Last Day(s) of Pesach: Reach for the Top
As we all know too well, there is often a gap between the ideal and reality. In trying to implement our goals, we all too often fall prey to conflict, apathy, inertia and reality. The Jewish people faced this same problem as they approached the sea. Behind them was the advancing Egyptian army with its mighty chariots; in front of them was a foreboding sea. Yet their miraculous escape from the most powerful country on earth seemed to have finally...Continue Reading »
Pesach: Have You Left Egypt?
“In each and every generation, one must see oneself as if they had left Egypt”. In Judaism, we not only commemorate the past, we attempt to experience it, even to re-live it. Why else do we actually have to eat matzah and maror at Pesach, dwell in some flimsy booths each fall, or sit on the floor on Tisha B’Av lamenting the loss of a Temple some 2,000 years ago? Yet thankfully, for most Jews today, it is...Continue Reading »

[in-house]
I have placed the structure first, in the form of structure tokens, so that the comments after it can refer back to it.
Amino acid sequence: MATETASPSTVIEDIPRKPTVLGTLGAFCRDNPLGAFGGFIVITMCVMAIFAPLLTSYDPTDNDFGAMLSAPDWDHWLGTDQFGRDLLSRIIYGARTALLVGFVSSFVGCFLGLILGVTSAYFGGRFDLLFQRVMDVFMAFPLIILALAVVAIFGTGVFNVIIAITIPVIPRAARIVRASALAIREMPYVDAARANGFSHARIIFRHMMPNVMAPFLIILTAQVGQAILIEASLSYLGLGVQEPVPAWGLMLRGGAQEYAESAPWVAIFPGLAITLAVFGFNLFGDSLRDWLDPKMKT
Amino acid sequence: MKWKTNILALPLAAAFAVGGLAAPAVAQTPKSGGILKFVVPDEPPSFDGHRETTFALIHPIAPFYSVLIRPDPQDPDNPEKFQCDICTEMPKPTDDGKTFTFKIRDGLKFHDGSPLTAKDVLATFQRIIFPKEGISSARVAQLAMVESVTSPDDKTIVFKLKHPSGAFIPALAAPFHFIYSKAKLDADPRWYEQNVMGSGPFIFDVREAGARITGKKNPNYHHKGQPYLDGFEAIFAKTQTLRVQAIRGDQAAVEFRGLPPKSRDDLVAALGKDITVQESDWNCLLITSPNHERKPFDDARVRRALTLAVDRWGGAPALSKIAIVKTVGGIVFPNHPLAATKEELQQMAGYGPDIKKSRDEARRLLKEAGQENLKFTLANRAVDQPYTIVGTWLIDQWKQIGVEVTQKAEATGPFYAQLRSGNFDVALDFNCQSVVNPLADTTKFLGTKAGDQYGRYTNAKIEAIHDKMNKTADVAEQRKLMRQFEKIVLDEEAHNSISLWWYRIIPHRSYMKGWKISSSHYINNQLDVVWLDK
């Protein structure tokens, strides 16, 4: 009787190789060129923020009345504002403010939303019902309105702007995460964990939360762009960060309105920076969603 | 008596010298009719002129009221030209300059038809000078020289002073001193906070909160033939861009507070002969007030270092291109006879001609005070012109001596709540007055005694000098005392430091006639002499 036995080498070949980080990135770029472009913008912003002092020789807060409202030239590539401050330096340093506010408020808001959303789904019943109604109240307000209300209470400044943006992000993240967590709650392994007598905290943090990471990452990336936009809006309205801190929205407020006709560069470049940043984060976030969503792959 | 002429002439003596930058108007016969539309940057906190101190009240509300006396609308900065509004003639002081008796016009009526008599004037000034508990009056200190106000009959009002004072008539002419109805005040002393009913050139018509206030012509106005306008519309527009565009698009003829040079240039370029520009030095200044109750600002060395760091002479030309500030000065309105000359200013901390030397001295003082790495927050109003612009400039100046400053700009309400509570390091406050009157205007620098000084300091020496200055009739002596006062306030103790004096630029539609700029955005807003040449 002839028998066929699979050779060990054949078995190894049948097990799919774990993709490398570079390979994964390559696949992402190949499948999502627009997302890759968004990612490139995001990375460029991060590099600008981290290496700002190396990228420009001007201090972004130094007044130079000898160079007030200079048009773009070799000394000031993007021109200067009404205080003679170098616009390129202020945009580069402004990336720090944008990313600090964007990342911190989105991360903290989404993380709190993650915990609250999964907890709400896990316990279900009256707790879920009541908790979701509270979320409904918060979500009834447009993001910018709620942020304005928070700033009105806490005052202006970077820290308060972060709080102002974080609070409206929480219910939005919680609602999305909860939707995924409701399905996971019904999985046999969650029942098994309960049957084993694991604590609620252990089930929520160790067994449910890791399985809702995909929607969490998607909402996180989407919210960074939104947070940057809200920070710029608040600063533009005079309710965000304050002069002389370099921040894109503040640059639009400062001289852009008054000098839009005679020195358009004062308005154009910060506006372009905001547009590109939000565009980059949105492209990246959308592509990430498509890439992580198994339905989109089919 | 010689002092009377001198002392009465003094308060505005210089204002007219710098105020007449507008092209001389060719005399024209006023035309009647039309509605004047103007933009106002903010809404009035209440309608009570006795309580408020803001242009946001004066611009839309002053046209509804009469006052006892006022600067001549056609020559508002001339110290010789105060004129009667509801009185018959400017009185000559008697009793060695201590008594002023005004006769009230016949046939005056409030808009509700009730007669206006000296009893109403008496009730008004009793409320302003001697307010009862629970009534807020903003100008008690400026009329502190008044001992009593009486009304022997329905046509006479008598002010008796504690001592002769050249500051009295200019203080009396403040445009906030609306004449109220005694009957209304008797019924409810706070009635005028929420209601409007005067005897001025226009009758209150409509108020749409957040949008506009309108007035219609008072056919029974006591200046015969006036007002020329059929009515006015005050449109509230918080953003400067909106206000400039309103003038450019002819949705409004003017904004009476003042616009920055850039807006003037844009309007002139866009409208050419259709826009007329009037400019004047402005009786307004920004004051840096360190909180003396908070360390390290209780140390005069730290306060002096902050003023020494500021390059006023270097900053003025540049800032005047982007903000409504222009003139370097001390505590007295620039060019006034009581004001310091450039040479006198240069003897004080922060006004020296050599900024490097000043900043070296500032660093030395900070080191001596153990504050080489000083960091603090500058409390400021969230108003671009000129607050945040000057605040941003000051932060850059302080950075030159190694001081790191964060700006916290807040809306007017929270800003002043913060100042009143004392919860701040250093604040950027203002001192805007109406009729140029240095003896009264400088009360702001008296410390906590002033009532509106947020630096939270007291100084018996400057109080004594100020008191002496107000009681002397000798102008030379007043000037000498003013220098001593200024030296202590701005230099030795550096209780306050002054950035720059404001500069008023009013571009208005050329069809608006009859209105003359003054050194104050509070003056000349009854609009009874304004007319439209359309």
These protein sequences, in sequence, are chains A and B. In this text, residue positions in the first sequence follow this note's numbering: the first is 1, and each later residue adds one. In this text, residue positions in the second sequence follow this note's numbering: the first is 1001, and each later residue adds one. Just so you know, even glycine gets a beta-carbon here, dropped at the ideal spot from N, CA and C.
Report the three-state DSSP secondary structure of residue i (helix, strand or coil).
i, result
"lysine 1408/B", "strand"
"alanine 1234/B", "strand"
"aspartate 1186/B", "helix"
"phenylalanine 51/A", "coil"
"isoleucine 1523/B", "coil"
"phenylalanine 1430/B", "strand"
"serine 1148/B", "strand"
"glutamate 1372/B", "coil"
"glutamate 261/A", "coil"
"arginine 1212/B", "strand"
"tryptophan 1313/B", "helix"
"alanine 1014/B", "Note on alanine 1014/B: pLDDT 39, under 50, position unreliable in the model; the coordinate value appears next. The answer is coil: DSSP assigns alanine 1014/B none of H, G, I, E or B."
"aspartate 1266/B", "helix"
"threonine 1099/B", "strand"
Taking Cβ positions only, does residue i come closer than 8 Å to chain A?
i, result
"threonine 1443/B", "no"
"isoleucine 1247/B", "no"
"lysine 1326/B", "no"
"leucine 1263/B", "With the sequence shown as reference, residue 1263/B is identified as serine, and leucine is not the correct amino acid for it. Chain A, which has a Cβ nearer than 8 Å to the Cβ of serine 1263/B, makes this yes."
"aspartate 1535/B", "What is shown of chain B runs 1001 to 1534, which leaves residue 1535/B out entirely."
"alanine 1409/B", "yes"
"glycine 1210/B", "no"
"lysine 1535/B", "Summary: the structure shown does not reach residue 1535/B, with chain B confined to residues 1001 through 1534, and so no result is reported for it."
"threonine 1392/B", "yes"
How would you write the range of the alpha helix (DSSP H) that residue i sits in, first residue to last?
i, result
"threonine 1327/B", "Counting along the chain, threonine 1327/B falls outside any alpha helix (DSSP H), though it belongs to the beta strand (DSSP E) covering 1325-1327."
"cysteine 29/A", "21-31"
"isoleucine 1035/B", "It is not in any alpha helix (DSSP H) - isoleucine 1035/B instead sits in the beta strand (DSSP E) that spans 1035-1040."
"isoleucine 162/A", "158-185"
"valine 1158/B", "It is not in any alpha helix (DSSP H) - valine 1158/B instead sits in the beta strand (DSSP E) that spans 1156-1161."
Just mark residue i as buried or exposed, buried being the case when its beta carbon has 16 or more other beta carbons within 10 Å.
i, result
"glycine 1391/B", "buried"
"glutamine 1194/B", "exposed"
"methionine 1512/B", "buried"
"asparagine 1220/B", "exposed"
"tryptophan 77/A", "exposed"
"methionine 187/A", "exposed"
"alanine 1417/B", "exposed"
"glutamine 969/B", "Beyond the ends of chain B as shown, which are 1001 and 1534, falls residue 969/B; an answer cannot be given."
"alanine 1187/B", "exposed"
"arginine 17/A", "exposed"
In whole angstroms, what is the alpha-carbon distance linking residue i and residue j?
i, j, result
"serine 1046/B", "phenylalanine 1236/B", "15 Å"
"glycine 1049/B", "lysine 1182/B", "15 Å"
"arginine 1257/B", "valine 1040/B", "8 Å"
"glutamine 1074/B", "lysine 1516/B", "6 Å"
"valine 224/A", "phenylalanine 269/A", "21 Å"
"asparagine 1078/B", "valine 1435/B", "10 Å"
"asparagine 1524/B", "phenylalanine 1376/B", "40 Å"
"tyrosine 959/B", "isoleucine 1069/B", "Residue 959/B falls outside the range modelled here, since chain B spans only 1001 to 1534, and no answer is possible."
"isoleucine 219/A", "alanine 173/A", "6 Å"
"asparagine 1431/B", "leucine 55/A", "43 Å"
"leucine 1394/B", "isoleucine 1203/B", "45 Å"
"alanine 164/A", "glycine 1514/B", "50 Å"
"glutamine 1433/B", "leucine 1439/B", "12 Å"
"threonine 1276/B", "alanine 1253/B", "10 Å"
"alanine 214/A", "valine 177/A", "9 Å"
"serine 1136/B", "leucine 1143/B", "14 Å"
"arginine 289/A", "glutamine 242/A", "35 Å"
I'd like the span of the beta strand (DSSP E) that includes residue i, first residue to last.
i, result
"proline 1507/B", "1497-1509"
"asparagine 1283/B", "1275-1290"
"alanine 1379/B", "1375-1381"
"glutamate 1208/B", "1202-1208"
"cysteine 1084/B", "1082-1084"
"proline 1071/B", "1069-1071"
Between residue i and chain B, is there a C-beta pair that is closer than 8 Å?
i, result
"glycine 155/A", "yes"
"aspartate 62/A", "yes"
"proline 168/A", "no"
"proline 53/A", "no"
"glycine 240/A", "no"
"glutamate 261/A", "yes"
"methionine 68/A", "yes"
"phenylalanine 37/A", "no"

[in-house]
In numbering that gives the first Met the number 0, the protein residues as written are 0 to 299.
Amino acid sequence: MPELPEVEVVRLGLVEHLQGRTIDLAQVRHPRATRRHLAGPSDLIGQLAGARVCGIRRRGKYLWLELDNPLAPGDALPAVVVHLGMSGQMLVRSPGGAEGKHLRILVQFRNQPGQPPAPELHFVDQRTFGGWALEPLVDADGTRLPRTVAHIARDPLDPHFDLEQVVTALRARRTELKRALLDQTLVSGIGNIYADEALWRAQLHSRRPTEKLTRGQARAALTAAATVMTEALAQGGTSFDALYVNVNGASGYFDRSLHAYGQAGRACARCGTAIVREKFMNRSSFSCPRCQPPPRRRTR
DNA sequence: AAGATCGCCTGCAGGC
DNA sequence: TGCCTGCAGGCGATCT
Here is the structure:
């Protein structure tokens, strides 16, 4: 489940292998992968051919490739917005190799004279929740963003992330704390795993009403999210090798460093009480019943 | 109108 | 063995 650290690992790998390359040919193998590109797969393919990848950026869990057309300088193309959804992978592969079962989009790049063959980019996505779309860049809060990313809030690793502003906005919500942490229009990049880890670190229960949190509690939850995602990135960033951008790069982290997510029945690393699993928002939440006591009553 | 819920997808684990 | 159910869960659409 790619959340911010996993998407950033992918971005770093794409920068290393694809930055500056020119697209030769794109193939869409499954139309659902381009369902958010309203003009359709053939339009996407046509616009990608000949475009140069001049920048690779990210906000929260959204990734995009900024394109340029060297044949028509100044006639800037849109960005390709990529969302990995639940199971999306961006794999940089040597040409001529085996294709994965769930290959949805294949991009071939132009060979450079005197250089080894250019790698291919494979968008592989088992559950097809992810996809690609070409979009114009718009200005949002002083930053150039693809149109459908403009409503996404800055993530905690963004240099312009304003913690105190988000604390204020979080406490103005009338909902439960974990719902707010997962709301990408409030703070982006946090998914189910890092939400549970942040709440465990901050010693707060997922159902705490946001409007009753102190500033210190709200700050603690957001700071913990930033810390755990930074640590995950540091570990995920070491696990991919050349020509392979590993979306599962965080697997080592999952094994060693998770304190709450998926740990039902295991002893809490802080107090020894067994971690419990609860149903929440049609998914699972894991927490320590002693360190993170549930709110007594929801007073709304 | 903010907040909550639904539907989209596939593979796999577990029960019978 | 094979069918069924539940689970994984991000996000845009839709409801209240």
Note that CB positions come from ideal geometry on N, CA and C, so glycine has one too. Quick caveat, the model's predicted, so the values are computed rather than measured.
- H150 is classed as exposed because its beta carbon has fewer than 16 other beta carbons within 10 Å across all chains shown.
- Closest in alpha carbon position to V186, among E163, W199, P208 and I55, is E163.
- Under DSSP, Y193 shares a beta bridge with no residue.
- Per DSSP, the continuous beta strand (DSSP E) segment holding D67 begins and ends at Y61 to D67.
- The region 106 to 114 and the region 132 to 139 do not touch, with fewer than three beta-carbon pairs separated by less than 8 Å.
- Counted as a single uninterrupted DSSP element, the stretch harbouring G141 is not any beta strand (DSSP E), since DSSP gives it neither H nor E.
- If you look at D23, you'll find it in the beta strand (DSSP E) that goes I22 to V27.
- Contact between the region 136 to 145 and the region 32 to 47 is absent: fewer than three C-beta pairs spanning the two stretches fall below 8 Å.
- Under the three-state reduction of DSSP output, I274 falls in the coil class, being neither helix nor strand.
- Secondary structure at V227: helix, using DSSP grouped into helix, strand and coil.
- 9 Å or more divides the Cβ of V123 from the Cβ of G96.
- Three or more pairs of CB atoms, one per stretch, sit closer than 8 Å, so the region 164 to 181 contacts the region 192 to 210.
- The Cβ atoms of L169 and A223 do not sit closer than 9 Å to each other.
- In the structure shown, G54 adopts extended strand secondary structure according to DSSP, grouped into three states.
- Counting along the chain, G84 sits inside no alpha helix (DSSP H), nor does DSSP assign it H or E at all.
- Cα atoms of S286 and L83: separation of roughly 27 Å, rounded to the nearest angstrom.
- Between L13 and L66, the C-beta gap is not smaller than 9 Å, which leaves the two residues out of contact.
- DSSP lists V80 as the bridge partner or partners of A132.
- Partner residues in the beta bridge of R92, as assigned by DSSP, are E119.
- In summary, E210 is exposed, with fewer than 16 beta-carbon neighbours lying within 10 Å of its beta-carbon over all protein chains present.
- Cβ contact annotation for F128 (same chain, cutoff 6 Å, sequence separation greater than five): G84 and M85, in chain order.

Pesach: Preparing to Eat
Twice a year, on Yom Kippur and at the Pesach seder, we conclude with the prayer L’shanna haba’ah b’Yerushalayim. It is specifically on these two days when the loss of the Temple is most felt that we express our yearning for Yerushalayim. Yom Kippur centres around the elaborate service in the Temple, one that we re-enact to this day through our Yom Kippur Mussaf davening. With the destruction of...Continue Reading »
Pesach: Hope for the Best
Pesach is the Jewish holiday of hope. It marks the beginning of the Jewish (lunar) year – and new years are always times of hope. It is celebrated in the spring, the wonderful season of hope and renewal. We read Shir HaShirim, the Song of Songs, with its allegorical youthful message of love, which is only possible when hope abounds. The Seder night is full of hope for a better tomorrow—a redeemed world living in peace. We look forward to G-d...Continue Reading »
Pesach: Now that is Slavery!
Our images of Egyptian slavery are those of forced labor and murder by a ruthless tyrant and his many followers. Despite Joseph literally saving Egypt from ruin, "a new king arose who knew not Joseph" (Shemot 1:8). Taxation, hard labor, loss of freedom of movement and eventually murder of Jewish children soon followed. This was a nation who knew not G-d, and even after ten plagues and the death of their firstborn, persisted in their stubbornness...Continue Reading »